Article 5 for the Dawlish Gazette by Vanessa Ryley, writing for Dawlish Against Plastic. 17th Feb 2020
Keeping our beaches clean
The Dawlish Against Plastic steering group carried out our first Town Beach Clean in May 2018 although we had previously joined in with a Surfers Against Sewage beach clean at Dawlish Warren in April.
Since then we have only missed two possible events; one in December 2018 and one in January this year making our total monthly beach cleans 20.
In addition to this we have assisted Exeter College students and pupils from both Gatehouse and West Cliff primary schools to carry out their own beach cleans.
We started collecting data showing the weight of recyclable and non-recyclable waste collected in March 2019 and so far, we have recorded 265 kilograms. The recyclable waste is 13% of the total and this is separated out and disposed of separately.
We have found a wide selection of items on the beach, especially after storms. These range from plastic cotton bud sticks to iron girders and a huge variety of items in between.
Significantly, we have found a selection of microplastics at Boat Cove. Microplastics are defined as all forms of plastics less than 5mm. They can enter the oceans as beads from personal care products, microfibres from clothes or plastic pellets (nurdles), used to produce many plastic items. We have also found small pieces of plastic derived from larger plastic items which slowly get broken into smaller pieces by the motion of the sea.
Microplastics have been found in fish and shellfish bound for human consumption, and it has been estimated that an average European seafood consumer ingests 11,000 plastic particles a year.
They can be ingested by everything from zooplankton which make up the base of the food chain in the oceans, all the way up to seabirds, fish, turtles and whales. Research has shown that they can adversely affect growth and reproduction.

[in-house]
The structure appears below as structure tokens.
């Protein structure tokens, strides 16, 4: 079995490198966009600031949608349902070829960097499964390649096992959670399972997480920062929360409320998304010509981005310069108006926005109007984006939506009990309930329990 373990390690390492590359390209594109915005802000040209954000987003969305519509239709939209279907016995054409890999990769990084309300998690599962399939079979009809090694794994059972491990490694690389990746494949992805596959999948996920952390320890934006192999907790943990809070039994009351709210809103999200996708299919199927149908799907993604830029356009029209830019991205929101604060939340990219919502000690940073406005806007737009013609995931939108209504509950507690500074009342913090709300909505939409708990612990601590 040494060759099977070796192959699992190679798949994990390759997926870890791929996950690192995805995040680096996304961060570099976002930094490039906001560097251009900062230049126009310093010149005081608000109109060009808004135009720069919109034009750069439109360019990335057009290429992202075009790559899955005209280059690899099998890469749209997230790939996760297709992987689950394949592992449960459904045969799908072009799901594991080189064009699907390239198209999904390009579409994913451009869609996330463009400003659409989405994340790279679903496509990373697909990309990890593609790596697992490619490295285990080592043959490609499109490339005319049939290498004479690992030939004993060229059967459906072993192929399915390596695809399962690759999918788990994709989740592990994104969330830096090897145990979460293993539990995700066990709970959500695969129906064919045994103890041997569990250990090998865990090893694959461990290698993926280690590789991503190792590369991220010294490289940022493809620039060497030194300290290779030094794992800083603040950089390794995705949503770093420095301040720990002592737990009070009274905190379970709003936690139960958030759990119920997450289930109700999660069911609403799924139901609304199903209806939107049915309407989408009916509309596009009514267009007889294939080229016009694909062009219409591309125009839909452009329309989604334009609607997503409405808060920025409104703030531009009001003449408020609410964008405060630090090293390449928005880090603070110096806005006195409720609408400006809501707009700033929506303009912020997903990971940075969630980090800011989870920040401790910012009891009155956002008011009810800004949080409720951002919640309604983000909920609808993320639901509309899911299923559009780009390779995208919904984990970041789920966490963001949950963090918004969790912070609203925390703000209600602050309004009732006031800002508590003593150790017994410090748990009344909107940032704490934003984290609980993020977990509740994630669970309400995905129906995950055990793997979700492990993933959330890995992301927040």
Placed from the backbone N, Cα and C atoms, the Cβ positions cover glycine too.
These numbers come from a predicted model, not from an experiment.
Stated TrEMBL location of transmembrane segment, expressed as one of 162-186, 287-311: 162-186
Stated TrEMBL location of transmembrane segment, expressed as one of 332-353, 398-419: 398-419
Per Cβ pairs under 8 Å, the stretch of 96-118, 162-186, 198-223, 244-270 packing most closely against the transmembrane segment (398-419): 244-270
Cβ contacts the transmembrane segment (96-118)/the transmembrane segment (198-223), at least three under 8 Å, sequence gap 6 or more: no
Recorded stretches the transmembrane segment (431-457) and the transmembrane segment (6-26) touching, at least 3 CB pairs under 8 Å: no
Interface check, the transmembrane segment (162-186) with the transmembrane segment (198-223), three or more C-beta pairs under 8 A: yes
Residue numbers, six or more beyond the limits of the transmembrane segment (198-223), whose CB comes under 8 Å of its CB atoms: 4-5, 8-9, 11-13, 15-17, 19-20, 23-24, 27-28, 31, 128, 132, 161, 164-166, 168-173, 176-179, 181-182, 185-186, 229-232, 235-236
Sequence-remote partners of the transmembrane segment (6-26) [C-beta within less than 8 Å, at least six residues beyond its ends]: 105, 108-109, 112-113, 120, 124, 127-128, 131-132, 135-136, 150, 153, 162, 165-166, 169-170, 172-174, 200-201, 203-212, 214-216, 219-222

The full consequences of this for human health are not yet fully understood but it is clear to me that we need to stop plastic from getting into the oceans.
BBC Spotlight recently reported that lumps of charred plastic that highly resemble pebbles are increasingly being found on beaches in the south west. These pebbles are thought to originate from plastic bottles and other items melting after being thrown on to beach bonfires or barbecues. They are also thought to be the result of plastic that was burnt in the 1980s that has since leached out of coastal landfill sites that are now starting to erode, so this is another hazard to look out for.
Although we continue to carry out our regular beach cleans with up to forty people attending, it should be remembered that there are also many unsung heroes who collect waste washed up on the beaches on most days of the year as they are walking, jogging or coming to the beach to swim. This quiet army of people is working tirelessly to keep the beaches clean and in the best possible state for visitors and those of us who live locally, and they deserve our thanks and gratitude.
The other group that deserve our recognition and thanks are the Open Daw litter pickers, who have been working for years to keep the Dawlish streets as clean and clear as possible, thereby ensuring that a reduced amount of rubbish reaches the sea.